During this presidential campaign, Republicans have vigorously charged that the Democrats are trying to win the election by the using fraudulent mail-in ballots. As these charges and counter-charges are hotly disputed, some pundits refer to the 1960 presidential election that pitted Richard Nixon against John Kennedy, where Republicans claimed that the Democrat had won the contest by fraud.
These allegations on behalf of Kennedy primarily focused on the voting in Illinois and Texas. In the former, Chicago mayor Richard Daley ran Kennedy’s statewide campaign. Even before ballots were cast, Republicans asserted that there was going to be fraud, and immediately after the election, they attacked Daley for stuffing ballot boxes to assure his candidate’s victory. Daley instantly replied that if any fraud had occurred, Illinois Republicans were equally guilty of corrupt practices. Over the past six decades, others sympathetic to Democratic causes agreed with the mayor that both sides used potentially illicit means to win the state.
This rationale is without foundation. Over the last 60 years, only one historian, Edmund Kallina Jr., has attempted to determine how much, if any, fraud took place in Chicago. He concluded that Democrats had acted corruptly, but Nixon would still have lost the state by less than 1,000 votes. However, neither Kallina nor anyone else evaluated possible criminal behavior in any of the precincts.
In addition, the day after the election, Kennedy told his friend and future Washington Post editor Ben Bradlee that Daley had told him that he had won Illinois by fraud, and every major Daley biographer agreed. The Illinois Democratic chairman after the election, furthermore, informed the chief counsel of the Kennedy campaign that he had not found any evidence of fraud committed by the Illinois Republican Party.
As for fraud in the Texas election, Republicans alleged that Lyndon Johnson had won the state employing corrupt practices. Democrats countered that there was no concrete proof of fraud, and they were correct. Texas was a one-party Democratic state where there was no law that guaranteed Republican poll watchers, and Democrats denied them that opportunity. During the past six decades, no one has published any article evaluating the voting to prove or disprove accusations of corruption.
Liberal historian Robert Dallek, in his massive two-volume Johnson biography, devoted a significant portion to the outrageous amount of fraud in LBJ’s defeat in the 1941 special senatorial election and his victory in the 1948 senatorial race, where he won by 87 votes, earning the nickname “Landslide Lyndon.” As to the 1960 presidential election, Dallek never addressed fraud in his narrative, confining it to the next to last footnote in the book. In it, he used Arthur Schlesinger Jr., a Kennedy apologist, and Leon Jaworski, Johnson’s personal attorney, to dismiss fraud. Randall Woods in his Johnson biography scrutinized fraud in both Johnson senatorial elections while dismissing any question of fraud in the 1960 presidential election in a single sentence.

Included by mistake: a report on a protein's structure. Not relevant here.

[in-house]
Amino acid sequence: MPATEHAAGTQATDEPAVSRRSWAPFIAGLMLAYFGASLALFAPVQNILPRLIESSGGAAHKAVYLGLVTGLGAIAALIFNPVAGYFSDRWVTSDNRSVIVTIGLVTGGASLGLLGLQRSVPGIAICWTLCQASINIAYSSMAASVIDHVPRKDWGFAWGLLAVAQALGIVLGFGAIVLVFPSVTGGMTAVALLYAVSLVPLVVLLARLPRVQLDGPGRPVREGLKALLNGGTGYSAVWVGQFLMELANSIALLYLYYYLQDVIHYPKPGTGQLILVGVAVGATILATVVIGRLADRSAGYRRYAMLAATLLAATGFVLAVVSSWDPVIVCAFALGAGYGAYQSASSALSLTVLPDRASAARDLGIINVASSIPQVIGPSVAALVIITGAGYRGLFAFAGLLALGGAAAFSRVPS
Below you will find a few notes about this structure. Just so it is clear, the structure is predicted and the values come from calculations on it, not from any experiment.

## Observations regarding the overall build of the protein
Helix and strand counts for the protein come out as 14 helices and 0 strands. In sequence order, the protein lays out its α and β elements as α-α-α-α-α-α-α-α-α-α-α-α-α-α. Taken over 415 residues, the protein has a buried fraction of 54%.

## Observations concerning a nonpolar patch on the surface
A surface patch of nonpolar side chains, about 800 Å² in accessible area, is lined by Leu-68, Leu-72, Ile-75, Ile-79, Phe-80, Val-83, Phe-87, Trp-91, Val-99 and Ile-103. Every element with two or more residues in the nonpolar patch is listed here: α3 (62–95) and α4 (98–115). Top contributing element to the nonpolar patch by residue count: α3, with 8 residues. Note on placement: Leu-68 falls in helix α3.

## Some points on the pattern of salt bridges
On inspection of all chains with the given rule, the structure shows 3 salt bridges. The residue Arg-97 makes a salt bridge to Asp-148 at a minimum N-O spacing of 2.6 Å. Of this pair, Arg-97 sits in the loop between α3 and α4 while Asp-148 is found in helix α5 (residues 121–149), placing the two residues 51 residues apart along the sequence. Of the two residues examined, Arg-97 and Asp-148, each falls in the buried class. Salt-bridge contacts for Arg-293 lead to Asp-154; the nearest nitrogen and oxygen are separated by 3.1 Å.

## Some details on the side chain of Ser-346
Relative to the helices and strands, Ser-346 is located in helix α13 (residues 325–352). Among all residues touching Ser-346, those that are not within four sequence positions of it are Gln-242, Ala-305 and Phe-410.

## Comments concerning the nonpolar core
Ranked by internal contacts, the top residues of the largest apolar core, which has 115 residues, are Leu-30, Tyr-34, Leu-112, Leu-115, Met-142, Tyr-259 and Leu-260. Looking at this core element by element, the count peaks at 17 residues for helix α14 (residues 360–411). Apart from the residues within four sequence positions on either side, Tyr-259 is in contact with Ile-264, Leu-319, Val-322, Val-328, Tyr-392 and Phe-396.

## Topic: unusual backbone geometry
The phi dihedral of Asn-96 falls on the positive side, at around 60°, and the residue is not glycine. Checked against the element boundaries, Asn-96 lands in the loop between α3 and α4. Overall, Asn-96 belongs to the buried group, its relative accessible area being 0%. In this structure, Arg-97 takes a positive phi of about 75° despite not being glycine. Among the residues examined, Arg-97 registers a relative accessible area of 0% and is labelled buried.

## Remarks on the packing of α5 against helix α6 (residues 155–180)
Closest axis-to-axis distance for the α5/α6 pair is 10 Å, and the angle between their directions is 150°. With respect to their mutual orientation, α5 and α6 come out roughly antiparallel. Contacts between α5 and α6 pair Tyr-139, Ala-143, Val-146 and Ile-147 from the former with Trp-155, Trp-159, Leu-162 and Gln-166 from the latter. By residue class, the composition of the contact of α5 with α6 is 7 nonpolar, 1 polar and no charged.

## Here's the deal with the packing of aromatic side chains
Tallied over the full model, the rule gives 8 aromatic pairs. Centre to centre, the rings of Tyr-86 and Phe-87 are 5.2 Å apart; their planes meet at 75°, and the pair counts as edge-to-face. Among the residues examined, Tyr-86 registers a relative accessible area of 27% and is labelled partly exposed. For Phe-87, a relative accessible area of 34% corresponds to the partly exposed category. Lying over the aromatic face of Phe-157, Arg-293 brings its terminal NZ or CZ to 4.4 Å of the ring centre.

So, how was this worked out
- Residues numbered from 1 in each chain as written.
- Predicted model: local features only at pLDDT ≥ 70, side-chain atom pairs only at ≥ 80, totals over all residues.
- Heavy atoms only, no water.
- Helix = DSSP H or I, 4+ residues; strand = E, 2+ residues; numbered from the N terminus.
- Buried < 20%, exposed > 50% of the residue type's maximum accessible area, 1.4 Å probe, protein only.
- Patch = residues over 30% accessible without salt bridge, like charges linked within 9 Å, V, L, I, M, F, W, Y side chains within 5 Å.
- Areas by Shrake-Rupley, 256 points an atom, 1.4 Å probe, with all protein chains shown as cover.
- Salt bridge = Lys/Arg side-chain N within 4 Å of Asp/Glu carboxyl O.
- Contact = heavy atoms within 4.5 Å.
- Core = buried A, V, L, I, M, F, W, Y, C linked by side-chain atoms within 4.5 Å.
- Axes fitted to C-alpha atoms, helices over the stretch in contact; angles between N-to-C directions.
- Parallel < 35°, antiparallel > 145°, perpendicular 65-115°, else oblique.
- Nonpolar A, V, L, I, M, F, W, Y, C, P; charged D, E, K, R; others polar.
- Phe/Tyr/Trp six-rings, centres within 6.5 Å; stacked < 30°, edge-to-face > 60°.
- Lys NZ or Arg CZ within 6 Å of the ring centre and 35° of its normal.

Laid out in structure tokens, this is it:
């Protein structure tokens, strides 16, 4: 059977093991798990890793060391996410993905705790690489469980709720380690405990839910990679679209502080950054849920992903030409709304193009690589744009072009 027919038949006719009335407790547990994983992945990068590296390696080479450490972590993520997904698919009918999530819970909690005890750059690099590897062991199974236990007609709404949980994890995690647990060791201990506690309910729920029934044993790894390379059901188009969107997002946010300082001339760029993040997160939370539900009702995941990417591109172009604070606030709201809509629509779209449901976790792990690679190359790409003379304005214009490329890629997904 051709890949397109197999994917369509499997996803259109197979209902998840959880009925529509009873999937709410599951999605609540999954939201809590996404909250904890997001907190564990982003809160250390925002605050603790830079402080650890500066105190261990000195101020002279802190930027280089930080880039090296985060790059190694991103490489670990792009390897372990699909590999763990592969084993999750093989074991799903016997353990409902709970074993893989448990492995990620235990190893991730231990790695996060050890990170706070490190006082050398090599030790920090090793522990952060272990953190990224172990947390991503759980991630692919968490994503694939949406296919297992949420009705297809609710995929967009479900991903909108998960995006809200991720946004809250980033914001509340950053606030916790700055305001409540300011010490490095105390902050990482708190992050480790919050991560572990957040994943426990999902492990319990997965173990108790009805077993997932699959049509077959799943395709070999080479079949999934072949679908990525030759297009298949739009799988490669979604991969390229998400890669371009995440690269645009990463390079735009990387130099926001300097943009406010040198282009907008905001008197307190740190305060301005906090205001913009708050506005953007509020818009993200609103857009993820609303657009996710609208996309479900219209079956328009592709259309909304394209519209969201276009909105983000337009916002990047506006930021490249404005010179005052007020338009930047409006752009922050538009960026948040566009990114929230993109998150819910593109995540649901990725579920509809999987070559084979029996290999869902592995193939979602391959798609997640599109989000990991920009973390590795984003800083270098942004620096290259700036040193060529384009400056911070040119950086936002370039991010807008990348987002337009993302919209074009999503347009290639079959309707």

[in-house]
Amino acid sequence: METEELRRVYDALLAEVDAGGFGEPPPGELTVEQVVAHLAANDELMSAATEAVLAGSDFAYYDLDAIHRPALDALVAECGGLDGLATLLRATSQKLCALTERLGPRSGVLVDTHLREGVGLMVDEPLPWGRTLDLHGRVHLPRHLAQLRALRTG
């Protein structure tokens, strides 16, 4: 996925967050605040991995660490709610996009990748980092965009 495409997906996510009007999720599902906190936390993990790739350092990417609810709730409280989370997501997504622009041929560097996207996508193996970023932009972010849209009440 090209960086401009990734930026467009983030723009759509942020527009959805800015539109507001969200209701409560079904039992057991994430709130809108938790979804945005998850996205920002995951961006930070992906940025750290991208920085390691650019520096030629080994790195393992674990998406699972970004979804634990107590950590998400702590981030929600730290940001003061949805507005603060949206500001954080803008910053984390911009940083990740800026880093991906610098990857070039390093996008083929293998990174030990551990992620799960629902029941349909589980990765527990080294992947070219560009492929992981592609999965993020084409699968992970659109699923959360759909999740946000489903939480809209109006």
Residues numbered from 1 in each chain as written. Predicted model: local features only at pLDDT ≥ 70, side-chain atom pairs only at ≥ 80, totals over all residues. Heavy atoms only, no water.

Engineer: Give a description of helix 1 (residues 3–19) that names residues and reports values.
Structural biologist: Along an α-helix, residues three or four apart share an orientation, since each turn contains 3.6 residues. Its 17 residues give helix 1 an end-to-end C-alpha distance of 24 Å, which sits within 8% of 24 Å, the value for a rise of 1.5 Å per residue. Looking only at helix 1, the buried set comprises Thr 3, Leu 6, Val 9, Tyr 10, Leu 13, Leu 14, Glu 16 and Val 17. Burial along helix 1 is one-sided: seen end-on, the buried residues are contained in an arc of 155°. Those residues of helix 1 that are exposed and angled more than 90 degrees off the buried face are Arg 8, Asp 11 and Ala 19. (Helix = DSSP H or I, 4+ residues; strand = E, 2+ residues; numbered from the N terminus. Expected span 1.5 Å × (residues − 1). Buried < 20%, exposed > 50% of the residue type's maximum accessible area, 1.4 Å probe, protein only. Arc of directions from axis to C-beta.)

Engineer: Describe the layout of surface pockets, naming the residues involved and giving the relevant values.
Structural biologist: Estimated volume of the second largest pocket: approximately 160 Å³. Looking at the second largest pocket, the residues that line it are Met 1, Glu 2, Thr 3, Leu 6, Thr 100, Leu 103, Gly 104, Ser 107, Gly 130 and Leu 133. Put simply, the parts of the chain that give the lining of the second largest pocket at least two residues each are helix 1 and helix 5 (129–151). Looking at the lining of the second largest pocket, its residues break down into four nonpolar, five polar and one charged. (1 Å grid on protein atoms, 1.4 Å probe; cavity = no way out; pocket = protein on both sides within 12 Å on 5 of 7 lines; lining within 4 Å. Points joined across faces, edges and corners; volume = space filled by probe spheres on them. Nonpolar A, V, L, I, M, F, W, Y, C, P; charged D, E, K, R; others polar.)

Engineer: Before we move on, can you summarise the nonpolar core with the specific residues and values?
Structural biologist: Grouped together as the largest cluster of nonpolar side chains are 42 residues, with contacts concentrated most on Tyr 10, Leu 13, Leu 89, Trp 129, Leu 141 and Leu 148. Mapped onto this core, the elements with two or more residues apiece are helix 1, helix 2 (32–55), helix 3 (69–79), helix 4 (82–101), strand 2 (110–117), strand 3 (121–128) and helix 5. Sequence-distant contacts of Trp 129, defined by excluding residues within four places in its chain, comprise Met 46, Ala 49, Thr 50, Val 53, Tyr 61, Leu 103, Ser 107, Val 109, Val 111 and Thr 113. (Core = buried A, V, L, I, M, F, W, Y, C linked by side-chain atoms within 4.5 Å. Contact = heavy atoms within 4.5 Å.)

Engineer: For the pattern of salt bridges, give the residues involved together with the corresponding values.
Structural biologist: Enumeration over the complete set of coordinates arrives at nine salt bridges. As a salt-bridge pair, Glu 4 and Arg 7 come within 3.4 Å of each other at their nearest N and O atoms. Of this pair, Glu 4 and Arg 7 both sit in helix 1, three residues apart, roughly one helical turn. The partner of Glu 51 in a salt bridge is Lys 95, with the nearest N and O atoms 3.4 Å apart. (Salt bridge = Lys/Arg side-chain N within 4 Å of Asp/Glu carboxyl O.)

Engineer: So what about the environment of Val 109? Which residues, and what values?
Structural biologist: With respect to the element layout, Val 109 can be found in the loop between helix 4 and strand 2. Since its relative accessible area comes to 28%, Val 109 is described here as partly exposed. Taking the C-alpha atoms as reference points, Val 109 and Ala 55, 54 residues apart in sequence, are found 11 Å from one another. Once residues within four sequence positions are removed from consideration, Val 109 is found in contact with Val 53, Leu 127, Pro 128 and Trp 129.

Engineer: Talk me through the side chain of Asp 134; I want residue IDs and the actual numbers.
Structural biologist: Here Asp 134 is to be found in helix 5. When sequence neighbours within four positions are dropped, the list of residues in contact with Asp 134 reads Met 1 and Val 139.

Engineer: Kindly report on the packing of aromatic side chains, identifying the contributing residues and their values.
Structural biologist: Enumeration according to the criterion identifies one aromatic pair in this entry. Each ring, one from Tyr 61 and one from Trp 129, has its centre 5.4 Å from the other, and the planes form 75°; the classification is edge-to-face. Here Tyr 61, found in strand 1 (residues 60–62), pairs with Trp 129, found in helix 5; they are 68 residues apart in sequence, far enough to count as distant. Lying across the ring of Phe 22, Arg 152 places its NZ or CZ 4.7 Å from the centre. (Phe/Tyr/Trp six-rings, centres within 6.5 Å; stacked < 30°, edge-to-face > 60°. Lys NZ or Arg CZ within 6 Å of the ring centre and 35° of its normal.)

Johnson’s principal biographer, Robert Caro, disagreed. Much of his second volume focused on the corruption in LBJ’s senatorial campaigns, and in his fourth volume, he unequivocally pronounced that Johnson directed the outcome in the 1960 presidential election using fraudulent practices. Ronnie Dugger, a Texas political correspondent who reported on Johnson’s career and wrote an early biography, labeled these methods “competitive corruption” that Democratic politicians had routinely exercised for years. If Nixon had won both Illinois and Texas, he would have been elected president.
Ignoring these authorities, progressive historian David Greenberg has written about the 1960 presidential election since the Gore v. Bush 2000 election, where he compared how Nixon and Gore handled their defeats. In “Was Nixon Robbed?” and several other iterations on the same theme, he came to the predictable conclusion without any substantial archival research that Nixon lied about not being involved in the challenges to the fraud in Illinois and Texas.
This October, Greenberg resurrected his argument in “The Time Nixon’s Cronies Tried to Overturn a Presidential Election,” where Nixon pretended not to be involved in supporting the fraud allegations, and his “top aides and the Republican Party, almost certainly with Nixon’s backing, waged a campaign to cast doubt on the outcome of the campaign.” He reiterated the charges of corruption in Illinois and Texas were insignificant. Those themes are without merit. Corruption in both states was abundant in the 1960 presidential election.
Both the 1960 and 2020 presidential elections, however, have one constant. With the current degree of polarization, this election has turned into a crusade in which political operatives from both parties will be encouraged to see that their candidate is triumphant by employing any means necessary. Charges of corruption even before the balloting have surfaced over mail-in voting. If the past is prologue, attempts at corruption certainly are plausible.
Irwin Gellman has written two widely acclaimed volumes on Richard Nixon: The Contender and The President and the Apprentice. Next year, Yale University Press will publish Race of the Century: Kennedy, Nixon and the Election of 1960.